By -

It’s natural to feel anxious or overwhelmed when the world is constantly changing and your environment seems out of control. Here are some coping strategies for living with pandemic-induced ambiguity.

If the last two years have brought us anything, its how to live with volatility and ambiguity. We’ve pivoted time and again and learnt that certainty is an elusive concept. But how does the human mind make sense of ambiguity?  Why do some adapt while others experience analysis paralysis? How can we best cope when under a constant sense of the unknown?

Neuroscientists have long known that humans are hardwired to crave certainty. As ambiguity increases, so does our fear and stress response, which leads us in search of predictability and familiarity.  Surprisingly, such is our preference for certainty that we tend to choose predictable outcomes over uncertain ones – even when we know the ambiguous pathway may well be more desirable.

A key insight for working with high levels of uncertainty is recognising that some challenges are unsolvable. This means we need to be managing, not controlling, the situation. Striving to make the best decision with the information available, and employing effective approaches to managing the ongoing moving parts.   

The US Army War College was one of the first organisations to develop a model that represents the challenges faced in uncertain times. It was initially developed in response to the chaos created by the 9/11 terrorist attacks in 2001, and later adapted by business to reflect corporate unpredictability. It is referred to as VUCA, an acronym which stands for Volatile, Uncertain, Complex and Ambiguous and represents a set of challenges that individuals, teams, managers, and organisations face. Fortunately, there are strategies and techniques recognised to support us in VUCA environments.

From an individual perspective:

Understand the situation. Take a growth mindset to dealing with the constant changes. This enables us to see change as an opportunity rather than a threat, and helps us move away from a predictive, dogmatic mindset. When working under such conditions, brainstorming with others can support you to challenge your assumptions and view things from a myriad of perspectives, rather than through your own, perhaps inflexible, thinking patterns.

Avoid knee-jerk reactions to situations and evaluate whether your response is optimal. In doing so, differentiate between variables you can control and those that you can’t, and focus your efforts on issues within your sphere of influence. When we worry about problems we can’t control we are more likely to invest in unwieldy behaviours. Consider which course of action is going to help you progress, rather than implementing unhelpful behaviours.

Communicate and clarify with colleagues and teams to broaden out your understanding of the various elements of the situation. In doing so, transparently communicate what you know as well as the gaps in your knowledge. Leaders who withhold or avoid addressing areas of unknown can create a sense of misinformation, or even panic, within their teams.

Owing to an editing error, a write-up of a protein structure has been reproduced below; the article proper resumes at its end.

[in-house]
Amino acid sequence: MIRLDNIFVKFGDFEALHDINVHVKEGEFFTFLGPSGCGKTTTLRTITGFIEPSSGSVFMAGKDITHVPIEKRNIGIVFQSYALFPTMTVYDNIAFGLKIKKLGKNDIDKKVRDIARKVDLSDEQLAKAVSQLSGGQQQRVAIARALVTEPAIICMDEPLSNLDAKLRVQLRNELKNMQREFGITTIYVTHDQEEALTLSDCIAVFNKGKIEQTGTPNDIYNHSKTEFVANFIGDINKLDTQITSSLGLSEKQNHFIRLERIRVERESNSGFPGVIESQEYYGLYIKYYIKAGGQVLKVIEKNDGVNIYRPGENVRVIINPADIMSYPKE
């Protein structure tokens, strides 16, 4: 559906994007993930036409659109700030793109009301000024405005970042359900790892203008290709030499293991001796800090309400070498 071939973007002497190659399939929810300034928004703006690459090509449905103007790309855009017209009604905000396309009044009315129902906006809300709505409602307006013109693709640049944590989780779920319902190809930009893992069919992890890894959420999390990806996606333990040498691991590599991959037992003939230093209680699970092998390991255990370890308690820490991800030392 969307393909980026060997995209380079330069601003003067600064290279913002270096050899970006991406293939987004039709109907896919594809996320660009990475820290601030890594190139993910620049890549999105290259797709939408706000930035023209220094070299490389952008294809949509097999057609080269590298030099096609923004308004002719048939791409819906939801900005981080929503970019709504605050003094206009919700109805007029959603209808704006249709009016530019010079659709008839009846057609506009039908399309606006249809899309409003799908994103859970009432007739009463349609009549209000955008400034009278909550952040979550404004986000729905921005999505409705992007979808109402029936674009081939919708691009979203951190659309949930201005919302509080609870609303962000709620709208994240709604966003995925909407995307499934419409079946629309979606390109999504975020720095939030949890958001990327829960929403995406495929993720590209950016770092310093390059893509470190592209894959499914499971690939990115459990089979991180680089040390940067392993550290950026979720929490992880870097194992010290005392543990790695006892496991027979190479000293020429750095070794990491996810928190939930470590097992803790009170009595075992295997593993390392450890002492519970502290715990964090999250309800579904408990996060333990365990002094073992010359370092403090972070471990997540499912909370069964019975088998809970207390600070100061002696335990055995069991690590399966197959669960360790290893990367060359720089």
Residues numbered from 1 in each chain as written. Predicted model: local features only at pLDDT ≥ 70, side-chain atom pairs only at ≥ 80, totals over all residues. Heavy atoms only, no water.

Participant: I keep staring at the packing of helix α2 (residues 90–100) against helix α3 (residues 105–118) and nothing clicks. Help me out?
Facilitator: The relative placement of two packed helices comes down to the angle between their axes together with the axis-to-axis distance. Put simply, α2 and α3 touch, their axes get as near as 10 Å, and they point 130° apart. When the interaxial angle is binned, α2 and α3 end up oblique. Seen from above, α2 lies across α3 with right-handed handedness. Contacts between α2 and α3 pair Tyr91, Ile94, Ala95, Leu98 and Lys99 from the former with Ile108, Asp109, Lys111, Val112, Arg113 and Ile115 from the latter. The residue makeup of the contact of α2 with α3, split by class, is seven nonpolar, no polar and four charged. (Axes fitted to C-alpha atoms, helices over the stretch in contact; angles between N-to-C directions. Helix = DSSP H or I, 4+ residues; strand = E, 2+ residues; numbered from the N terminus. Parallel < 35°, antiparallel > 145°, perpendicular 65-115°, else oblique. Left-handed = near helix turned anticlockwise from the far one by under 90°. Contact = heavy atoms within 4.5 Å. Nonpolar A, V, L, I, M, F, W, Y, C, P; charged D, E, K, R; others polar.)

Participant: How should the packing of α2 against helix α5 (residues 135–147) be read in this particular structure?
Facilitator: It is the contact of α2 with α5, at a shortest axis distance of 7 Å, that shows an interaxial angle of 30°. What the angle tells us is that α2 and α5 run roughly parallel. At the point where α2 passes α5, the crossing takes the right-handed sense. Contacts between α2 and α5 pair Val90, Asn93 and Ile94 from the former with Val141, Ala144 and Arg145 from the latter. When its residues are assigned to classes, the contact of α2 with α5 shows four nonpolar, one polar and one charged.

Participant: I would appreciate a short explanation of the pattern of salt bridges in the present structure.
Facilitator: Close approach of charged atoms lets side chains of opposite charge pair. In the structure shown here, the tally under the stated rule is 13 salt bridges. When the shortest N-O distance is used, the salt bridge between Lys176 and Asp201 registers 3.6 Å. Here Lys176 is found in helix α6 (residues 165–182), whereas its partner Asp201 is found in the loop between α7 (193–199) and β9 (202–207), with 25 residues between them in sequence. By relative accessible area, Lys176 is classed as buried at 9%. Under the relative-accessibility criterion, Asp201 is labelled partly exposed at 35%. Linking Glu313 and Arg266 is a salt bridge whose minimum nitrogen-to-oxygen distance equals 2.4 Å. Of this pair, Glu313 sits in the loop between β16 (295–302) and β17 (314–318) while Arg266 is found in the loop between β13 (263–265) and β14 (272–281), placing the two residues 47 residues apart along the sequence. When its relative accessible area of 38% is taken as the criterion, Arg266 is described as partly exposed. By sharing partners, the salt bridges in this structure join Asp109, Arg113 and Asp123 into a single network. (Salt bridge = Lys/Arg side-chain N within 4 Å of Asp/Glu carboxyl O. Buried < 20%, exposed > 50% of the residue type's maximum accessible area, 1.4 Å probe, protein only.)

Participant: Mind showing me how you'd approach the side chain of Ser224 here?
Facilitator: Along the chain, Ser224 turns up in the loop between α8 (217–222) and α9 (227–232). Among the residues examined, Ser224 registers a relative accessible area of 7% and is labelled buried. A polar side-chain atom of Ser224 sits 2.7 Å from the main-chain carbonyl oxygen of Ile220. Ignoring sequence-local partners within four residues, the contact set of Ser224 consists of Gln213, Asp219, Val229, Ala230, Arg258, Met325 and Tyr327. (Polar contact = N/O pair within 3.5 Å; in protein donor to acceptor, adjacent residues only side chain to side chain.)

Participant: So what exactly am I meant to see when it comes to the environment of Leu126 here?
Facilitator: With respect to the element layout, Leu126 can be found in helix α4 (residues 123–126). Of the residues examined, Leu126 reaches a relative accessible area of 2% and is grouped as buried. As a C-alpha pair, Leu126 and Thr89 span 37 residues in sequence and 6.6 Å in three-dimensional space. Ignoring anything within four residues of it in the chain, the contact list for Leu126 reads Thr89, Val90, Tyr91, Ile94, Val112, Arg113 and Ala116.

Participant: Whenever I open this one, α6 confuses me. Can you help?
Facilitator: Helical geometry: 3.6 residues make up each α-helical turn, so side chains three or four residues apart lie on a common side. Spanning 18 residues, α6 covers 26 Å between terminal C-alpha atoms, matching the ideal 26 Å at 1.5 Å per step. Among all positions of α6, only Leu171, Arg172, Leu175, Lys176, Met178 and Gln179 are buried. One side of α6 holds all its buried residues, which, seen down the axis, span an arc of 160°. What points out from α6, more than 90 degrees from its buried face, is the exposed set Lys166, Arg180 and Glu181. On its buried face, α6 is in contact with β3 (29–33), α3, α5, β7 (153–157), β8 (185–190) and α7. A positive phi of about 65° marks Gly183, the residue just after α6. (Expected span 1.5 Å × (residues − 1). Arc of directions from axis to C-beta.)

Be proactive. Make the best decision you can with the information that you have. After due consideration of the situation you might decide not take any action at all.  This may be a perfectly appropriate response because it is considered and intentional, as opposed to avoidant and reactionary.

In choosing our response to ambiguity, we have a choice to rigidly resist or flexibility adapt.

From an organisational perspective:

Create a long-term vision. Firms that have clear strategic and organisational values tend to counter volatility more effectively. The long-term nature of an organisational strategy can help weather the transient nature of ambiguity by maintaining a well-anchored overview of the firm’s goals and purpose.

Create a culture which values behaviours, not just outcomes. Humans embrace ambiguity more successfully in environments that reward effective behaviours (commitment, accountability, conscientiousness etc.) rather than just outcomes (such as billable hours). That’s because, whatever the situation, we can individually and collectively choose our behaviours, even if the outcome we desire is unattainable or less controllable. 

Consider future scenarios based on best evidence. Identifying possible future scenarios can help guide firms through uncertain times. A robust approach for doing so is referred to as Scenario Planning. Originally developed for the US military, it is a technique of exploring the future through a series of possible scenarios, thus preparing for a variety of situations.  It takes one through a process of: identifying the issue and driving forces, exploring the uncertainty, developing probable scenarios and exploring best practice approaches.

Uncertainty and rapid change are a mainstay of everyday working life. In choosing our response to ambiguity, we have a choice to rigidly resist or flexibility adapt. We can do the latter by recognising the dilemmas presented, accepting that some challenges cannot be immediately disentangled, and seeking out the most effective decisions given the information to hand.